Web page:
The sitting-rising test – can it predict how long you will live?

Now, it is a great claim to make. If some woman with tarot cards can’t predict my future then how am I or anyone else meant to believe that a sitting test can do it instead? However, there is something to be said for how our ability to do simple exercise can highlight how our body will weather through the many years of our lives.

The sitting-rising test (SRT) is very simple in its design and it requires no equipment or skill. You can simply follow along at home (make sure to be barefoot). But a word of warning about this test – your hips and knees are out of alignment with the rest of your body when you do this test. That means it could be harmful, especially if you have arthritis or other joint problems – don’t try it.

Step 1: with your hands straight in front of you lower yourself to the floor without using your hands or knees. Then sit on the floor with your legs crossed.

Step 2: now try to rise up from the ground without using your arms again, only your legs.

Like I said, this test is very simple but it can prove difficult. The catch is that while you do it, no other part of your body can touch the floor. We have become so used to rising and sitting (albeit not from the floor) that we never think how hard it might be if we couldn’t use our arms, or moving onto our knees first. That’s why this test actually reveals more about your health than you would think. It turns out that muscle strength and balance, on the whole, mirror our general health status.

In a study published in the European Journal of Cardiology, Brazilian researchers studied over 2,000 patients between the ages of 51 to 80 for six years and watched as they did the SRT. They discovered something very interesting. When the patients were doing the test they started with a score of 10, and the more errors that occurred the lower their score would get. So, for example, if they used their hands or knees to get up they had points deducted. This showed that people who scored less than eight points were twice as likely to die sooner than those above eight. However, for those who scored below three were five times more likely to die sooner.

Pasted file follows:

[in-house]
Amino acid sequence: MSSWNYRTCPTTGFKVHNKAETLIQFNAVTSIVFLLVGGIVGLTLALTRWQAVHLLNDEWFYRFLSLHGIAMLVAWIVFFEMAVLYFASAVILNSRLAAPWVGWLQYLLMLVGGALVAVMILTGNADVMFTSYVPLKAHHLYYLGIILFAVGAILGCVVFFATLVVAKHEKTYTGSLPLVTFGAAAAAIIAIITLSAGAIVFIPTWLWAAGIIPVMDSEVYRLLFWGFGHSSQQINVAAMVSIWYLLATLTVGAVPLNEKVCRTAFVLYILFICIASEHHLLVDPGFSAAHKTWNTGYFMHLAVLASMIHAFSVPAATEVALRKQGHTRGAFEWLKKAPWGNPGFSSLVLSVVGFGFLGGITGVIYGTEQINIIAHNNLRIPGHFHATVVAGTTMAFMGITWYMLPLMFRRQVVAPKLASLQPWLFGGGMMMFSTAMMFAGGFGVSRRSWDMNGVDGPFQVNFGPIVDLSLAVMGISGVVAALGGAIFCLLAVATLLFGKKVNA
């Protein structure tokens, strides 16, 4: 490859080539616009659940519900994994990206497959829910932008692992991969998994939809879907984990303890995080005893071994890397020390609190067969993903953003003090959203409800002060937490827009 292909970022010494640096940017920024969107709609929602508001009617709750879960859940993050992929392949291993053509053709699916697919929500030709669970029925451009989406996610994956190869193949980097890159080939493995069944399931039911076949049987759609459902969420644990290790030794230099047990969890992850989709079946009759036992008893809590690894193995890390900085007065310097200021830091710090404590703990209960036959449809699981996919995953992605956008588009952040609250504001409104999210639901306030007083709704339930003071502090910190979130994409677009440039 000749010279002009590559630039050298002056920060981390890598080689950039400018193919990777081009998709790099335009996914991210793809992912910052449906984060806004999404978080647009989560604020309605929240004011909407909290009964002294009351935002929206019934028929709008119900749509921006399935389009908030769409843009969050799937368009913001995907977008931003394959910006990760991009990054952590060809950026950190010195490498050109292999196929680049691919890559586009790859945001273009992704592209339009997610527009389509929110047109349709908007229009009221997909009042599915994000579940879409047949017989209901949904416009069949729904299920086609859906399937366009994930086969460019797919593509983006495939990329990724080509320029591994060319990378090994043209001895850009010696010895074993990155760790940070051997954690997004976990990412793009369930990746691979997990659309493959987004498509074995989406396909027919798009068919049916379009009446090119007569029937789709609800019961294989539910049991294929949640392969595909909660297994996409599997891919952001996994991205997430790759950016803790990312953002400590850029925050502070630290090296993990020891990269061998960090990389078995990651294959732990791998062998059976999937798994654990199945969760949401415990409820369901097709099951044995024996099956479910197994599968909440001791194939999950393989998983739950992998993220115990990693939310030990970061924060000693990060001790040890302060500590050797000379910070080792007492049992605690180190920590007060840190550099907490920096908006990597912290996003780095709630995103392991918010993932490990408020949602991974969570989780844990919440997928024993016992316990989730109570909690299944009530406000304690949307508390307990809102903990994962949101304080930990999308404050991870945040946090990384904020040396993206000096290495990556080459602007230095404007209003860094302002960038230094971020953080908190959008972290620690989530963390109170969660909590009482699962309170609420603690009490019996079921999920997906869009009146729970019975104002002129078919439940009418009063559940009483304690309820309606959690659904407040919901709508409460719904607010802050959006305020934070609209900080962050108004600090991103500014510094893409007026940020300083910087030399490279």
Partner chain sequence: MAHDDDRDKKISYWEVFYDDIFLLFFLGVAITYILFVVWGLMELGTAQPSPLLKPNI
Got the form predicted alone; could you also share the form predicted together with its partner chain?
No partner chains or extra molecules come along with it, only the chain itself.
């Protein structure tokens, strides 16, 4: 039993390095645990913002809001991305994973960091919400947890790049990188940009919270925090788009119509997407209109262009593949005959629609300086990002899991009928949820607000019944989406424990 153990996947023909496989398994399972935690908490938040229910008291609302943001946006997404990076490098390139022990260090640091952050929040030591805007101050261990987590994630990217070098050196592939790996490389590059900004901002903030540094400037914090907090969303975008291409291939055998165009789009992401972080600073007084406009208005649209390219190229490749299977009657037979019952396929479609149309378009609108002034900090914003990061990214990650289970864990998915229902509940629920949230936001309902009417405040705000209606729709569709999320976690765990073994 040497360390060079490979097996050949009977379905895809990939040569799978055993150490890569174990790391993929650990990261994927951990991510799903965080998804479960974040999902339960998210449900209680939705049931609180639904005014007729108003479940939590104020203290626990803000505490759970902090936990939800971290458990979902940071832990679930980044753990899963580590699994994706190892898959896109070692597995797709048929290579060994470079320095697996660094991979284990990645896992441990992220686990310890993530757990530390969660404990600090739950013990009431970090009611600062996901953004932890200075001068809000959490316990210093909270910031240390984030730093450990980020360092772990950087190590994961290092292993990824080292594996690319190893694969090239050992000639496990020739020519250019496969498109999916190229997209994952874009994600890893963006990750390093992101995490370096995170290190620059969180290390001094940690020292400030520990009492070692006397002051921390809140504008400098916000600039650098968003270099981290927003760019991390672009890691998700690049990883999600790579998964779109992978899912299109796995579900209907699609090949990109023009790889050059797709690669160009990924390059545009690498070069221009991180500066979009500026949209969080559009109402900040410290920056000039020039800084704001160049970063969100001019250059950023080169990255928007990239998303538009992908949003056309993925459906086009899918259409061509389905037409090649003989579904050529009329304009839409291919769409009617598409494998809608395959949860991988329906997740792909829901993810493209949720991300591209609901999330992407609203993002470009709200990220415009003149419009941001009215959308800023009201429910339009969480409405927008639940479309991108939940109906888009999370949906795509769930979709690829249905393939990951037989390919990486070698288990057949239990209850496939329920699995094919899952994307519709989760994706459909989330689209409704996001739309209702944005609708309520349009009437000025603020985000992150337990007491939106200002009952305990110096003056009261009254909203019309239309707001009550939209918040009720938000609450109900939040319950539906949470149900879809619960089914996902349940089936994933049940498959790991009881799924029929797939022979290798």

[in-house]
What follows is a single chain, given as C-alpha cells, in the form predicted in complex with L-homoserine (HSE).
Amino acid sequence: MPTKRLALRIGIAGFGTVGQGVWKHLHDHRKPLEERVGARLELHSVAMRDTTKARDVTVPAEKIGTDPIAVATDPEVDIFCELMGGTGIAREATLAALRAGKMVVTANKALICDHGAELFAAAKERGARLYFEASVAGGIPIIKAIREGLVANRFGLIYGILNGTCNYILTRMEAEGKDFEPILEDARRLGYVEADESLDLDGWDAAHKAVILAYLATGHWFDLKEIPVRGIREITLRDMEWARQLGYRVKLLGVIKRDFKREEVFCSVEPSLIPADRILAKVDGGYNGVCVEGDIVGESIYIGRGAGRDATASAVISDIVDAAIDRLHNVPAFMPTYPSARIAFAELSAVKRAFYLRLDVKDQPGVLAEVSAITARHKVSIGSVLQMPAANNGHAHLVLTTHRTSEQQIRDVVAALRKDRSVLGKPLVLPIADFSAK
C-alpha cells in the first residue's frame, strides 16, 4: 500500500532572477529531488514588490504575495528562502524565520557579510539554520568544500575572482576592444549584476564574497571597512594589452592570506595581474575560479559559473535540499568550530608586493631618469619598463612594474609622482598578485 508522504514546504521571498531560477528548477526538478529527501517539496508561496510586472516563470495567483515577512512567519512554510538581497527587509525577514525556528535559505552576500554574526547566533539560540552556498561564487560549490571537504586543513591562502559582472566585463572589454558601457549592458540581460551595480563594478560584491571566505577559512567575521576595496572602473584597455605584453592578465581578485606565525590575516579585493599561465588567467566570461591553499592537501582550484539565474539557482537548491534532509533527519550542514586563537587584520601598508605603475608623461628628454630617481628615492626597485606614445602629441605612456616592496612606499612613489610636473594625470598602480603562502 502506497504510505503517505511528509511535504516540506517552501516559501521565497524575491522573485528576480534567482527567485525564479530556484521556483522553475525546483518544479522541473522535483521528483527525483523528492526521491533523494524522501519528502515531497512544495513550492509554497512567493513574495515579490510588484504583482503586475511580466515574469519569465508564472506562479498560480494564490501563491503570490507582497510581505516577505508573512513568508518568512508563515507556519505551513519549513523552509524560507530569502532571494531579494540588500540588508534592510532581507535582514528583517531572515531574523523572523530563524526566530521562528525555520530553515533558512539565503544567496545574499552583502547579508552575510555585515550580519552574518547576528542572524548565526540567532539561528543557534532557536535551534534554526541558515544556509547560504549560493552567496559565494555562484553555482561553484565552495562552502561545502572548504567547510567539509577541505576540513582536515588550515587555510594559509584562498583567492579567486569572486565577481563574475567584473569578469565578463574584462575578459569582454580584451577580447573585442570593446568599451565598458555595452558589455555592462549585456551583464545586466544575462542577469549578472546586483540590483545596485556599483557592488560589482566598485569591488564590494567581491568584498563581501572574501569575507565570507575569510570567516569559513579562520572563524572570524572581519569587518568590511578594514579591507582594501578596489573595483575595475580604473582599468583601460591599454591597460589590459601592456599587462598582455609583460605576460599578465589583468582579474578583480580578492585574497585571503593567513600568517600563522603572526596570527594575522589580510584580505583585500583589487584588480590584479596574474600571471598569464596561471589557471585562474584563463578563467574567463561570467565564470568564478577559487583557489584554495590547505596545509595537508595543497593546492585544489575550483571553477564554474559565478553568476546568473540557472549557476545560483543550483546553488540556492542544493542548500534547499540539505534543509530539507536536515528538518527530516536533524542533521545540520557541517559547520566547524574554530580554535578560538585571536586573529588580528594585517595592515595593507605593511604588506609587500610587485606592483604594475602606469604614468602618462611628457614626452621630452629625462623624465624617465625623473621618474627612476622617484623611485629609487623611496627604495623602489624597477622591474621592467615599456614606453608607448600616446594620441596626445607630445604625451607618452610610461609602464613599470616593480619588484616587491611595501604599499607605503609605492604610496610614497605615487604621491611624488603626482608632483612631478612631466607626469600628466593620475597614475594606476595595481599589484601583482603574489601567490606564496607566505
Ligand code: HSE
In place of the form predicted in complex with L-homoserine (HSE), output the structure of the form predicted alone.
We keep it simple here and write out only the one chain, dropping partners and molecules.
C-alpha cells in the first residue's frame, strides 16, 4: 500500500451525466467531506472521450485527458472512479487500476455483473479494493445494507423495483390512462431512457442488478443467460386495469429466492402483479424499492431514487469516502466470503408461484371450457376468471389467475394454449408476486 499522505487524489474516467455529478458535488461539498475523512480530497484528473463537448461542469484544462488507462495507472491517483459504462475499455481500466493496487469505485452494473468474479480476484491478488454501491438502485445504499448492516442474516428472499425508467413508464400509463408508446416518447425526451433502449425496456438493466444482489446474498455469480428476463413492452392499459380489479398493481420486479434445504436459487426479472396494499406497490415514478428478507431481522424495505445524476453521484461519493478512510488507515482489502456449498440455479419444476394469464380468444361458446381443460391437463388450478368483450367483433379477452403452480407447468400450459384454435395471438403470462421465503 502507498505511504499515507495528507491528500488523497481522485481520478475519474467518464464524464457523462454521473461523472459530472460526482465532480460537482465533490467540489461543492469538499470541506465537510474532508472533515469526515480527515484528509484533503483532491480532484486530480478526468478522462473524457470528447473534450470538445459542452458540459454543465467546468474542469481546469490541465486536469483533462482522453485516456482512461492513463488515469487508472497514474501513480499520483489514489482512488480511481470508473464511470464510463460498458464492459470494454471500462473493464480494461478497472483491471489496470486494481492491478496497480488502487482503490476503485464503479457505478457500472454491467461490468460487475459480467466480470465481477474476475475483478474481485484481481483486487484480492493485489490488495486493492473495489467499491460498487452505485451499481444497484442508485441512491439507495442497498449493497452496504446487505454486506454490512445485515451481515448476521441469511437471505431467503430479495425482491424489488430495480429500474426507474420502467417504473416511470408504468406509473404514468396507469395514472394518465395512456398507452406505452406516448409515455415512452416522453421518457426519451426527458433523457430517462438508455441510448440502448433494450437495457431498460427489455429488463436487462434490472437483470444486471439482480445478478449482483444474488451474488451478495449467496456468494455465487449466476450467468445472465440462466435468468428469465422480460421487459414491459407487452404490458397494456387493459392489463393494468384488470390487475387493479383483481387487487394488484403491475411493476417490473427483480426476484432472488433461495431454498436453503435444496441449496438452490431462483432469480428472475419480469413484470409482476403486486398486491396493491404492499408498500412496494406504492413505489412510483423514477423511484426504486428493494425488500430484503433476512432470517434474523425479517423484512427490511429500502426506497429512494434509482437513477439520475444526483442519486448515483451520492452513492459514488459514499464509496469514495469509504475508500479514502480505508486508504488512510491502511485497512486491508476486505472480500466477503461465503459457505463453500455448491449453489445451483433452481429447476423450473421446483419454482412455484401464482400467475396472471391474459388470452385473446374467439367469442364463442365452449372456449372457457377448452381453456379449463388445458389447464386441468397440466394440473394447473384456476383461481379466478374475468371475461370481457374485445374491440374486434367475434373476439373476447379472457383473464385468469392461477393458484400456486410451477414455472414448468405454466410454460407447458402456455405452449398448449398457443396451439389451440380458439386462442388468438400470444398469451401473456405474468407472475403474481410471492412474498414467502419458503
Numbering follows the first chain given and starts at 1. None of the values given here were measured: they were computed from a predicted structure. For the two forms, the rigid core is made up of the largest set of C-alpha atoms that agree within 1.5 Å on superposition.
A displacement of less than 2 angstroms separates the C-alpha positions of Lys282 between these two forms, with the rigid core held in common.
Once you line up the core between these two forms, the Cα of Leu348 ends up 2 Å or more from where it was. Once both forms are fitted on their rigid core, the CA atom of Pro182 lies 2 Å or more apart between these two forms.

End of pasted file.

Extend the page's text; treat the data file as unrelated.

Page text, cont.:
So if you did the test again but started with 10 points, what would you get? Well, the deduction of points goes like this. The sitting and rising parts of the test have 5 points each. If you have to use your hands, forearms, side of the legs or knee you have 1 point subtracted each time. If you put your hand on your knee or thigh to level yourself up, it’s also a point, Or, if your hands touch any part of your body, you also have half points subtracted for any loss of balance.

The outcome of the number you get on your score could indicate how healthy you are and also how long you might live for. If you get between 8-10 you most likely are in great health and will have a high life expectancy. If you score from 3-7, you are fairly healthy but have a higher risk of dying younger than those in the 8-10 range. And if you score 3 or below you most likely have poor health and possibly a shorter life expectancy.

However, it’s never too late to change your score and going up by one score can improve your life expectancy greatly.

The exercise is able to show leg strength and lower-body fitness and is directed towards the old age range to test musculoskeletal fitness. Nevertheless, it is only an estimate and isn’t indicative of how long you will live. However, if you do want to get a bit higher on the test try adding more exercise into your daily routine and see how positively your body will respond.



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